Sacha Sadan, head of corporate governance at £1 trillion fund firm Legal & General Investment Management, said that from next year they will start to vote against sky-high pension payments. Among the worst culprits is Lloyds, where chief executive Antonio Horta-Osorio gets a pension contribution of £565,000, equal to 46 per cent of his £1.2million annual salary. In total, he earned £6.4million in 2017 when pension contributions, base pay, bonuses and benefits were all taken into account.

It certainly comes to something when capitalist shareholders and business organizations begin to react with the type of vitriol usually reserved for extreme left wing trade unions or anti-capitalist organizations.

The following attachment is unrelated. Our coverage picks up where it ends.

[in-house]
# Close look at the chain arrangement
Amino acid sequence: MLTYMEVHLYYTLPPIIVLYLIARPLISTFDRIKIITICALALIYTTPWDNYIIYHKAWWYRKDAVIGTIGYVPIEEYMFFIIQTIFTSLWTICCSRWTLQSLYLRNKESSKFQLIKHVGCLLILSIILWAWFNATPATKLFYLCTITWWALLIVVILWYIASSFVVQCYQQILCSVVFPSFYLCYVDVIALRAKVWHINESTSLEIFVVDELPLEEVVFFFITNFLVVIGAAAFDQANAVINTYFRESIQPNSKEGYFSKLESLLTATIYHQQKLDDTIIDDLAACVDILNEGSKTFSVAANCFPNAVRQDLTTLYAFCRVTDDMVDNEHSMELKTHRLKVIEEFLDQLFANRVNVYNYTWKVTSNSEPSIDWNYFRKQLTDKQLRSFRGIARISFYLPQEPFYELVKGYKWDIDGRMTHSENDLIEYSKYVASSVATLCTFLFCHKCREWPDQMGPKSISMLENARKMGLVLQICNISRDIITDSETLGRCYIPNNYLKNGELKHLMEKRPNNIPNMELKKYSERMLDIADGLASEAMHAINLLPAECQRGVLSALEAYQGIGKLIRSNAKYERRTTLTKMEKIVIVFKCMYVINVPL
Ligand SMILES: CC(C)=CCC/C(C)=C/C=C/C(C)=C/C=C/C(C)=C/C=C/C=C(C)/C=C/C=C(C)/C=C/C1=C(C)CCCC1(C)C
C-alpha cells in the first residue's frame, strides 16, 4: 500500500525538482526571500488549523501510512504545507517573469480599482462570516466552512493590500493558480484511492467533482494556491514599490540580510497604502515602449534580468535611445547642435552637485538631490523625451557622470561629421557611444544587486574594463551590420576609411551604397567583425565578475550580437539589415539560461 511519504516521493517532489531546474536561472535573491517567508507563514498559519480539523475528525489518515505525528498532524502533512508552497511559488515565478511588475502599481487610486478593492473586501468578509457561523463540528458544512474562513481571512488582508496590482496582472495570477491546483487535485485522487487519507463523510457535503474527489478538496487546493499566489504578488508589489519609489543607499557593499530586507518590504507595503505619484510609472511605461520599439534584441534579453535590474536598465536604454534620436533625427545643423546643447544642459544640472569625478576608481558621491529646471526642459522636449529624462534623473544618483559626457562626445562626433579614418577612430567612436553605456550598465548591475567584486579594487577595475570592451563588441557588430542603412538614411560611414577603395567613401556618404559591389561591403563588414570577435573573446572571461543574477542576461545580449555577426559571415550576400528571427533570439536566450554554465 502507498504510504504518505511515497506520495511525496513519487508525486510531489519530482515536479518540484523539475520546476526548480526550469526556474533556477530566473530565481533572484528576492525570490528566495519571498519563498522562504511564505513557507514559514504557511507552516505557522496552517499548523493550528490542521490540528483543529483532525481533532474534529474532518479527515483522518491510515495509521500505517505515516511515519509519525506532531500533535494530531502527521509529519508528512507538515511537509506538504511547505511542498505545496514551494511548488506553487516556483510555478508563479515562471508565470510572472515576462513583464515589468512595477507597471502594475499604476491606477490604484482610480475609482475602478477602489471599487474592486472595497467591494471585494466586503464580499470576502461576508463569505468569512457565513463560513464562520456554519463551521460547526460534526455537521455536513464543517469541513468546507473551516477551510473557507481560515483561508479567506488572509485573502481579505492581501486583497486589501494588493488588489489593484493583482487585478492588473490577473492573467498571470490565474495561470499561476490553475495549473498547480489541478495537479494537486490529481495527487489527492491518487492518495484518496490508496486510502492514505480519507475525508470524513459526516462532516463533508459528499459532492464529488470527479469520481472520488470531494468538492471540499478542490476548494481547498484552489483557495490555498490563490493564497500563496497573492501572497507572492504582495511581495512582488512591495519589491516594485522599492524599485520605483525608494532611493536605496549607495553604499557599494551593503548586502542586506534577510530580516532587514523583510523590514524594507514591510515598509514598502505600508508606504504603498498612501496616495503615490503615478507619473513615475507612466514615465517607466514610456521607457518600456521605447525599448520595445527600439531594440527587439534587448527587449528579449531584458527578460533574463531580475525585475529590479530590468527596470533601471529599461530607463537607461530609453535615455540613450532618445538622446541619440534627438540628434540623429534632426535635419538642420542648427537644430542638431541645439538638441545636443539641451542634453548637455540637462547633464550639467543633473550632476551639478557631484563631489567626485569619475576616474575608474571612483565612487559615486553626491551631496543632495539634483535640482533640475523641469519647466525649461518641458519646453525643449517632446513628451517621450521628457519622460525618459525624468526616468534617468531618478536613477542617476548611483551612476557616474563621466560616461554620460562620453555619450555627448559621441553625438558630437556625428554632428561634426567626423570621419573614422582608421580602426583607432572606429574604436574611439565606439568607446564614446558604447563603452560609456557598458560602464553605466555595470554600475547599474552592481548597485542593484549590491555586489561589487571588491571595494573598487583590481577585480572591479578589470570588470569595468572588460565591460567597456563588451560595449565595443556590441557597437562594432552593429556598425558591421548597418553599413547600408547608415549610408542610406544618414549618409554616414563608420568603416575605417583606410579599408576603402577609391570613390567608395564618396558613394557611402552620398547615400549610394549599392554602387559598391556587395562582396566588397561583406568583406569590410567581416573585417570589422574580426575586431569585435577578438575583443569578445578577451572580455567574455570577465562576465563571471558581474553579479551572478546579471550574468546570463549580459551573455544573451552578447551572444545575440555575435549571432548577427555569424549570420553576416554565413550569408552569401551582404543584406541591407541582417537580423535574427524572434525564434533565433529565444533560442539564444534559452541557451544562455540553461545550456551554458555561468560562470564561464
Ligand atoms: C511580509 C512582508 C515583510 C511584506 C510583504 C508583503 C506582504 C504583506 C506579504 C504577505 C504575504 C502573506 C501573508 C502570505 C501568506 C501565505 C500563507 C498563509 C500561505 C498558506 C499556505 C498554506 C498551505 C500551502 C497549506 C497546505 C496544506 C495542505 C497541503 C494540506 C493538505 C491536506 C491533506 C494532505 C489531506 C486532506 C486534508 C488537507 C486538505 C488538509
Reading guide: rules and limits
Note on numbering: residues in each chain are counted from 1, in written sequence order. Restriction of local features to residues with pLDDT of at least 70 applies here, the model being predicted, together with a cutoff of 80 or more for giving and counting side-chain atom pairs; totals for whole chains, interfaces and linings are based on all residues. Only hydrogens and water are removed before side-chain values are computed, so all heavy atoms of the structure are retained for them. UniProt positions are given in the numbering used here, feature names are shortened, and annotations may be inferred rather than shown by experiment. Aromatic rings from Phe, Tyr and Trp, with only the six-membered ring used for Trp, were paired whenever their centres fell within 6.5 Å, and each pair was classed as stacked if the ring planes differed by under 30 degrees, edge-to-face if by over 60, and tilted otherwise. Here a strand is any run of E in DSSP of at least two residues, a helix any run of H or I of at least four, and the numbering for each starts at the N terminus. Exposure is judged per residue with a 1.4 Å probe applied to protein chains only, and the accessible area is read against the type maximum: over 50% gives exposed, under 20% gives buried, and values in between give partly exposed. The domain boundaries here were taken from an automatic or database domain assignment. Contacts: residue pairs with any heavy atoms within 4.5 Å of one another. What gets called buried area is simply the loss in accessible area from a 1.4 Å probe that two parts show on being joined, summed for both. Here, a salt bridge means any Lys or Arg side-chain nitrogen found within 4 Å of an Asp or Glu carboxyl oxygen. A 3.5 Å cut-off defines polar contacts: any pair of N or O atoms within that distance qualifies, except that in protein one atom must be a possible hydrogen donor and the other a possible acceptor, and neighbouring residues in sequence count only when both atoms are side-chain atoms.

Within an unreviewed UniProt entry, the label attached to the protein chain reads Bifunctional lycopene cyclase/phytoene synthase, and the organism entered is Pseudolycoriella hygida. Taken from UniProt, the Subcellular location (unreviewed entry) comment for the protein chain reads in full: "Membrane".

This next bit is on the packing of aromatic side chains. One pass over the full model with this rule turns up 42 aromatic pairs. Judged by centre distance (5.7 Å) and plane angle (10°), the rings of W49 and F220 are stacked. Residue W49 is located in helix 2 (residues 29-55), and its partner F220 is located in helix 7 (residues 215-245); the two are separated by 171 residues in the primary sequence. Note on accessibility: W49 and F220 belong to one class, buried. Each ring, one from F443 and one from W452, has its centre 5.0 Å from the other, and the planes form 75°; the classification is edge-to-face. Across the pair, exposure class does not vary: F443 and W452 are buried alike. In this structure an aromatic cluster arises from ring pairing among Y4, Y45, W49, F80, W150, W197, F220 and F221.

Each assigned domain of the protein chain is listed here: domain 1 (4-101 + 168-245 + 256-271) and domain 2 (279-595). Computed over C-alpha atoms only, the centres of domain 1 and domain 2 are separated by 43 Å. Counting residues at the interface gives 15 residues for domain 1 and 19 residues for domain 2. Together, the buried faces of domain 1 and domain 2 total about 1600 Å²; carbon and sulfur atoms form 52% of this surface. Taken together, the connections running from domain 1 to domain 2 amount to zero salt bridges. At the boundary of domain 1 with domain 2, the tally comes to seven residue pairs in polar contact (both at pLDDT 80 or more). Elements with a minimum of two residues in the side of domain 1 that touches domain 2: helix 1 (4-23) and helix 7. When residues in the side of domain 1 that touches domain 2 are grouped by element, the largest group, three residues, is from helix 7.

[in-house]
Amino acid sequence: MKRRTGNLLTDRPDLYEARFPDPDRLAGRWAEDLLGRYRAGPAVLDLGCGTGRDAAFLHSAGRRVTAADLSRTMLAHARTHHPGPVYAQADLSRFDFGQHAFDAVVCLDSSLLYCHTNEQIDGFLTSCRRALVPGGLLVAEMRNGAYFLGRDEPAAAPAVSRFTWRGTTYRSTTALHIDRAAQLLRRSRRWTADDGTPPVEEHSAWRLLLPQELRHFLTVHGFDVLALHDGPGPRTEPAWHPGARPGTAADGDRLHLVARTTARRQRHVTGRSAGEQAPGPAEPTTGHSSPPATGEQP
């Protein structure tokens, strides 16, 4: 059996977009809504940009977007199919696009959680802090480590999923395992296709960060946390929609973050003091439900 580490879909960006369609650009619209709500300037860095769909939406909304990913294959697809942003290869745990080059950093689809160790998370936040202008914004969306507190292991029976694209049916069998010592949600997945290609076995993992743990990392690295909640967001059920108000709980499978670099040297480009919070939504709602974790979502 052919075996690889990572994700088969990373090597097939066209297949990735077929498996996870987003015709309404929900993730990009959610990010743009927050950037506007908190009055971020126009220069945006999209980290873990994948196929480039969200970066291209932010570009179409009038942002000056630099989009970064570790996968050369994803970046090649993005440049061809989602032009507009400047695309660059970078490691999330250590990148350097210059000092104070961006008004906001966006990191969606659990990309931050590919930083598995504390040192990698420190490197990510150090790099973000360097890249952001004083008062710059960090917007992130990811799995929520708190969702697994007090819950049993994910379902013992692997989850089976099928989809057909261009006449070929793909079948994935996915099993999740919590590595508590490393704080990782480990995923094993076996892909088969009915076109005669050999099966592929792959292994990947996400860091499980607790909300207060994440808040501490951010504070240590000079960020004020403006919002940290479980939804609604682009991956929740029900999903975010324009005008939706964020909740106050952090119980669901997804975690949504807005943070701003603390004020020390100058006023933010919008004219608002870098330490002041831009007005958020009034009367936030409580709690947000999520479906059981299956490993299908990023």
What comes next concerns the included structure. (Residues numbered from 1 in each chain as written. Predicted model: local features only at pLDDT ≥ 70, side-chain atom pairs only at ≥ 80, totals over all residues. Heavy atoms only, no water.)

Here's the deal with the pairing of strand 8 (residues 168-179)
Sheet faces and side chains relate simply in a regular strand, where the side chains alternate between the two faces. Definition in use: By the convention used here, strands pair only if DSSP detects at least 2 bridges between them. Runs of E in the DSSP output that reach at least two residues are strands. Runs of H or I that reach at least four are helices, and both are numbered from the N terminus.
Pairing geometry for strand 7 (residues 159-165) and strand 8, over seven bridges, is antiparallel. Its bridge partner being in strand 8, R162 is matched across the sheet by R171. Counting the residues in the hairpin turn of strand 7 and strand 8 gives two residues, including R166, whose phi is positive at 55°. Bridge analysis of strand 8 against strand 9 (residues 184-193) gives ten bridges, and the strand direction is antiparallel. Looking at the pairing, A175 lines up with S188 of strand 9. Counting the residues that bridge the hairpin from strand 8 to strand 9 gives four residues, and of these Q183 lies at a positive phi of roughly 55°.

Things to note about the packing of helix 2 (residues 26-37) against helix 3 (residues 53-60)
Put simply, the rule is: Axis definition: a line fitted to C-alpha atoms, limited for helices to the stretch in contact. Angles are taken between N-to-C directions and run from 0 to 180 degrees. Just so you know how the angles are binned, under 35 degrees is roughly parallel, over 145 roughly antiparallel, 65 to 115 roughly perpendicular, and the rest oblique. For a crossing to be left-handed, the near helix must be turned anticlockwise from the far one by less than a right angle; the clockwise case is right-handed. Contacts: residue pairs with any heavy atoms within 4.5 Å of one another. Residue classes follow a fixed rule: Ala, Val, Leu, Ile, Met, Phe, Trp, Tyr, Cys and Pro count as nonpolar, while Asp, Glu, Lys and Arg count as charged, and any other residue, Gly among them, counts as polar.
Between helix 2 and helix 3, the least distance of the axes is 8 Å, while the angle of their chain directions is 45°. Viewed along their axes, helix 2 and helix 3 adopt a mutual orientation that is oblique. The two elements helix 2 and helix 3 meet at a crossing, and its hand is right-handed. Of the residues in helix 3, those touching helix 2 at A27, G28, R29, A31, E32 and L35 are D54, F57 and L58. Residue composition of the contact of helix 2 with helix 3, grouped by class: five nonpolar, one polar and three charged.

Member of Parliament John Mann, a member of the Treasury committee, who represents the socialist Labour party, said: “These huge pension payments are shameful and suggest that bosses are topping up their already massive salaries through the back door. It is completely unacceptable for any chief executive to get much better retirement pay than their ordinary workers.”

If you can’t trust the way a company is structured, then this does not bode well for trusting its liquidity or pricing. Who said public listing equals transparency?